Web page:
Sixth Circuit Rejects Muslim 'Heckler's Veto' Against Christian Group

Christians around the world have faced persecution in recent years. While it is most severe in places like Iraq, Iran, Pakistan, Nigeria, and Sudan, it occurs in other places as well.

Like Dearborn, Michigan.

Dearborn formerly hosted an annual Arab International Festival. In 2010 and 2012, Christian missionaries were arrested or threatened with sanctions while proselytizing festival attendees.

The June 18, 2010, arrests occurred while the defendants were peacefully preaching. David Wood, Nabeel Qureshi, Paul Rezkalla, and Negeen Mayel were charged with breach of peace, a misdemeanor. The city posted a letter from the mayor on its website condemning the arrestees for “their attack on the City of Dearborn for having tolerance for all religions including believers in the Koran.”

Unfortunately for the mayor, there was video substantiating the defendants’ version of events.

The missionaries were acquitted of breaching the peace (although Mayel was found guilty of failing to obey a police order). Wood, Qureshi, and Rezkalla then sued Dearborn for violating their civil rights. In 2013 the city settled the case, removed the mayor’s letter from its website and posting an apology in its stead, and paid the evangelists $300,000.

The 2012 incident involved evangelists from a different group calling itself "Bible Believers." They also recorded the event on video. One evangelist carried a severed pig’s head on a stick. Others displayed signs with text such as “Islam Is A Religion of Blood and Murder,” “Jesus is the Way, the Truth and the Life. All Others Are Thieves and Robbers,” and “Muhammad is a ... liar, false prophet, murderer, child molesting pervert.”

An evangelist began preaching using a megaphone, but stopped after police warned him not to. A missionary named Ruben Chavez castigated a crowd that had formed for following a “pedophile” prophet, and he warned of God’s impending judgment.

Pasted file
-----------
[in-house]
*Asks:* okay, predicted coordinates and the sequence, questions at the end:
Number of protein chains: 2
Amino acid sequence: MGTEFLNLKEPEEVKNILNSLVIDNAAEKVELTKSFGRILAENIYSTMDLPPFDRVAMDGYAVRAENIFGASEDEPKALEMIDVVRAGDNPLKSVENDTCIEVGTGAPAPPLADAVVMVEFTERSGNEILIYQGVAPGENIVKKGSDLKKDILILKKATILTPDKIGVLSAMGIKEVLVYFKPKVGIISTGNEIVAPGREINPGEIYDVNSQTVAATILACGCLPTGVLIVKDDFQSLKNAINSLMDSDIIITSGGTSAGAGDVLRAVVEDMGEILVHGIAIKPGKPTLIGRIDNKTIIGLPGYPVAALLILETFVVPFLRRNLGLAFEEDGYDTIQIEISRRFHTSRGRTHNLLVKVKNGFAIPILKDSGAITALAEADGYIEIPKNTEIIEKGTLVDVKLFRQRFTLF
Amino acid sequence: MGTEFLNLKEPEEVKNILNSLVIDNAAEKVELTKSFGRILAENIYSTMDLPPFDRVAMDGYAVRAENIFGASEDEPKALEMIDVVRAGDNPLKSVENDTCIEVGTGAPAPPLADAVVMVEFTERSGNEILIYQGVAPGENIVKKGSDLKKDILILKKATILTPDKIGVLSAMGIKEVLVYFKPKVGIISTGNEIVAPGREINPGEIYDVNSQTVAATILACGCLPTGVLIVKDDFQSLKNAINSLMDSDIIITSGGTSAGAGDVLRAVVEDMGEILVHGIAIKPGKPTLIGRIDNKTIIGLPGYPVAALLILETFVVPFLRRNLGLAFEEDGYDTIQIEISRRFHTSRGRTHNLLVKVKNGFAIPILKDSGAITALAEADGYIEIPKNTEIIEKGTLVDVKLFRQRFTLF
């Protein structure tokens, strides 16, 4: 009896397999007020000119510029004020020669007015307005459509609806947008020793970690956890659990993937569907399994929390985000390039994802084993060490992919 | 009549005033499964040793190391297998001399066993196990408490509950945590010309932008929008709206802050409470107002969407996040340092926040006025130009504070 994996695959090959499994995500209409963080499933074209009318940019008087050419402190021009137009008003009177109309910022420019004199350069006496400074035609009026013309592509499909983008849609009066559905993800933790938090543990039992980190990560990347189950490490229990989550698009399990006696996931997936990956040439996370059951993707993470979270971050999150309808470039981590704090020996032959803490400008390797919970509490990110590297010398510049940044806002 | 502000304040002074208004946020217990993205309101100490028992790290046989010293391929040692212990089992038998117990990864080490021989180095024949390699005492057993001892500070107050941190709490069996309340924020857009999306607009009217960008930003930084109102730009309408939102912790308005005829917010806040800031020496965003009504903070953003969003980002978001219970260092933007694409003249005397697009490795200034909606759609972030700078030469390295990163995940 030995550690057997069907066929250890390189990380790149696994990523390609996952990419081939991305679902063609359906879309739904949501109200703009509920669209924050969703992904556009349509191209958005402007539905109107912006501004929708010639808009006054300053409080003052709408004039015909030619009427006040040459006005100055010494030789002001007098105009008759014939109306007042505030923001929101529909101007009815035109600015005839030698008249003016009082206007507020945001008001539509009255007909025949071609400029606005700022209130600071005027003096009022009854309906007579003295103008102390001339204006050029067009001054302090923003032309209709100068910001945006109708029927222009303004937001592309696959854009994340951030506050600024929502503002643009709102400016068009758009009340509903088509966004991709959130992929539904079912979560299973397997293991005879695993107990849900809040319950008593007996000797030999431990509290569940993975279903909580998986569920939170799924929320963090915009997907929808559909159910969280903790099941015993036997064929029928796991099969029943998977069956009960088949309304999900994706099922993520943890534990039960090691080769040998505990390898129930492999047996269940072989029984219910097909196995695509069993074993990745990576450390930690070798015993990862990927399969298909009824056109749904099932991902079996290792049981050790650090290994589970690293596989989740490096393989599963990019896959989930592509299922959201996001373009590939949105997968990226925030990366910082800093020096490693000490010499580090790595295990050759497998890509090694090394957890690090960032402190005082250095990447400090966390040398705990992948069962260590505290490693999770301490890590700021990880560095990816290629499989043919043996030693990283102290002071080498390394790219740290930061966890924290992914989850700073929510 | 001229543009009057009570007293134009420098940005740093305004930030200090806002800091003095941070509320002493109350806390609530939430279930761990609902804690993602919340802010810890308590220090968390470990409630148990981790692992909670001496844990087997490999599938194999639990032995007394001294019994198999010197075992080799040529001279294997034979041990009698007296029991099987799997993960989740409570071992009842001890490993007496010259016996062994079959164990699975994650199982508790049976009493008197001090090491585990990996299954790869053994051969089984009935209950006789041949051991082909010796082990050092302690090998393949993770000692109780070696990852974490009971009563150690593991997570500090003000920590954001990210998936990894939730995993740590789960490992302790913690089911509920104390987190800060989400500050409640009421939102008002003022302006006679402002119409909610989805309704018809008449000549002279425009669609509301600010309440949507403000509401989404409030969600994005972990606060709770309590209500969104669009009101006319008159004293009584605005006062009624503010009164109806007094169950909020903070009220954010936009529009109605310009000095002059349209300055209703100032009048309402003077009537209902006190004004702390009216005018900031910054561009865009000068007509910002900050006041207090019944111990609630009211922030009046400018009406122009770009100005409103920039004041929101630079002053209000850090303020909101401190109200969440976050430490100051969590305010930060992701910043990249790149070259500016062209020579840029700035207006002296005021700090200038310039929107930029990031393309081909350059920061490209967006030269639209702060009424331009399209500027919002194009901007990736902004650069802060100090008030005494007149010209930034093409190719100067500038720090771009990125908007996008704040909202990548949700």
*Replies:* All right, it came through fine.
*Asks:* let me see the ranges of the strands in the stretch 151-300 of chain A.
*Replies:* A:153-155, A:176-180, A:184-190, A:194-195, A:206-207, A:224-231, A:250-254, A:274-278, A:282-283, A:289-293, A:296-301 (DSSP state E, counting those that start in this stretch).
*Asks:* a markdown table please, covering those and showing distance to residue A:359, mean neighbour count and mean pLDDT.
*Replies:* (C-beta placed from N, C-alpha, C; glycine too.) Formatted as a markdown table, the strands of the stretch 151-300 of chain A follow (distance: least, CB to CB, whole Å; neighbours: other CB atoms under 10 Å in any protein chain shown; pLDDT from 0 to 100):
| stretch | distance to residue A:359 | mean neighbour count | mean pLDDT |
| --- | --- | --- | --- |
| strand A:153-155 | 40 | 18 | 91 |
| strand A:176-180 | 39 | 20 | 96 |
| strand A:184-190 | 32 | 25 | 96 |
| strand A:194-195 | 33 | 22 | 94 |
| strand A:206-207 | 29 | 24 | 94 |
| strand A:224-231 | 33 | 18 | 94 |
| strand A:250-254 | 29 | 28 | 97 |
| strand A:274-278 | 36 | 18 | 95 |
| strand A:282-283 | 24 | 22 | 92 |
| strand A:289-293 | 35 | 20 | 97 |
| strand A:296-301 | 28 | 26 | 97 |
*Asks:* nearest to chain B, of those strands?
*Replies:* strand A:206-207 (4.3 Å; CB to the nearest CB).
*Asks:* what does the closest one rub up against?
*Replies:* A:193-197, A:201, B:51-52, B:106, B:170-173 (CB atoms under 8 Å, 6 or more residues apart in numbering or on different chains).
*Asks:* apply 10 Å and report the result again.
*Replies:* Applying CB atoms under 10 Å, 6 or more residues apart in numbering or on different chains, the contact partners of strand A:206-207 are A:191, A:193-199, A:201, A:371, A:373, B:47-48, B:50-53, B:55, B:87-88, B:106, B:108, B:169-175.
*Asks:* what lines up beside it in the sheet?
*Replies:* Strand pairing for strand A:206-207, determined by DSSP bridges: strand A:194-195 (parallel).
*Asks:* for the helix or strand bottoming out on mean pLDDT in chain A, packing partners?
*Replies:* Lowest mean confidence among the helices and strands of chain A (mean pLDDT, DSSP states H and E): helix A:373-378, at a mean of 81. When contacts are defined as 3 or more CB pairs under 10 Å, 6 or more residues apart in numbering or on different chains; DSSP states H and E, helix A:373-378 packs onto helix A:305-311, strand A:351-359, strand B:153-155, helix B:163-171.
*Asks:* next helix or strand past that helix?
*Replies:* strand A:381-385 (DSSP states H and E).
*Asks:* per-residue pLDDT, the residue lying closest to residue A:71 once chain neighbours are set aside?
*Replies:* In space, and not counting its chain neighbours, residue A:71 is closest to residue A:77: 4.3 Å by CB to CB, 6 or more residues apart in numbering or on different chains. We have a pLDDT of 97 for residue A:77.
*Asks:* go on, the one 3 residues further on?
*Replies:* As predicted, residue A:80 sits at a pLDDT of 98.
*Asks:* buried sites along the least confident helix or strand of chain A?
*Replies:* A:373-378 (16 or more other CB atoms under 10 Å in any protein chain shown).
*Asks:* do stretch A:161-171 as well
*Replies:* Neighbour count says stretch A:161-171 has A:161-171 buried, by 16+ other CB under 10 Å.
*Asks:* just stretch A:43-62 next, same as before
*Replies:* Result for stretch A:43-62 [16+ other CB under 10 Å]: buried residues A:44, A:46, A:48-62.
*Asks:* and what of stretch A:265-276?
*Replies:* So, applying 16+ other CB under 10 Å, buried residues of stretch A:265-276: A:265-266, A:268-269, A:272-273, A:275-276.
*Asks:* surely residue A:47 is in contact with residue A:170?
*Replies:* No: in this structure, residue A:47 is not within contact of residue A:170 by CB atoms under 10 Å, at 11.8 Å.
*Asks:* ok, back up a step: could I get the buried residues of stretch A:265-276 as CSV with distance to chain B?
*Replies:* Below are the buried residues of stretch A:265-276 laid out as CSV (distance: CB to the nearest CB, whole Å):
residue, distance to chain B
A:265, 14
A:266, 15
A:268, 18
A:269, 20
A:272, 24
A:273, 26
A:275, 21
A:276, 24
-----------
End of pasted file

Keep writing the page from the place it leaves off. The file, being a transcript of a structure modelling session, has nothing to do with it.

As the evangelizing continued, the crowd -- which appeared to include many minors -- responded by yelling back and hurling water bottles, milk crates, eggs, rocks, garbage, and other objects at the evangelists. Chavez was struck in the face.

Police intervened once to ask the crowd to back up and removed one teenager who threw a bottle; the record does not indicate whether he was arrested or cited, only that “police presence and intervention dissipated after this minimal and isolated intervention.” The missionaries asked to be moved to a protected area, but police refused because the Chamber of Commerce had chosen not to have a “free speech zone” at the festival that year as they had (for part of the festival) the previous year.

Instead, police asked the Bible Believers to leave to prevent injury, threatening to cite them if they refused.

Chavez responded:

I would assume a few hundred angry Muslim children throwing bottles would be more of a threat than a few guys with signs.

After checking with their lawyer, police reiterated their ultimatum to Chavez and the others. The Bible Believers left. They were cited for driving without license plates; they said that they had removed the plates because they feared they would be followed.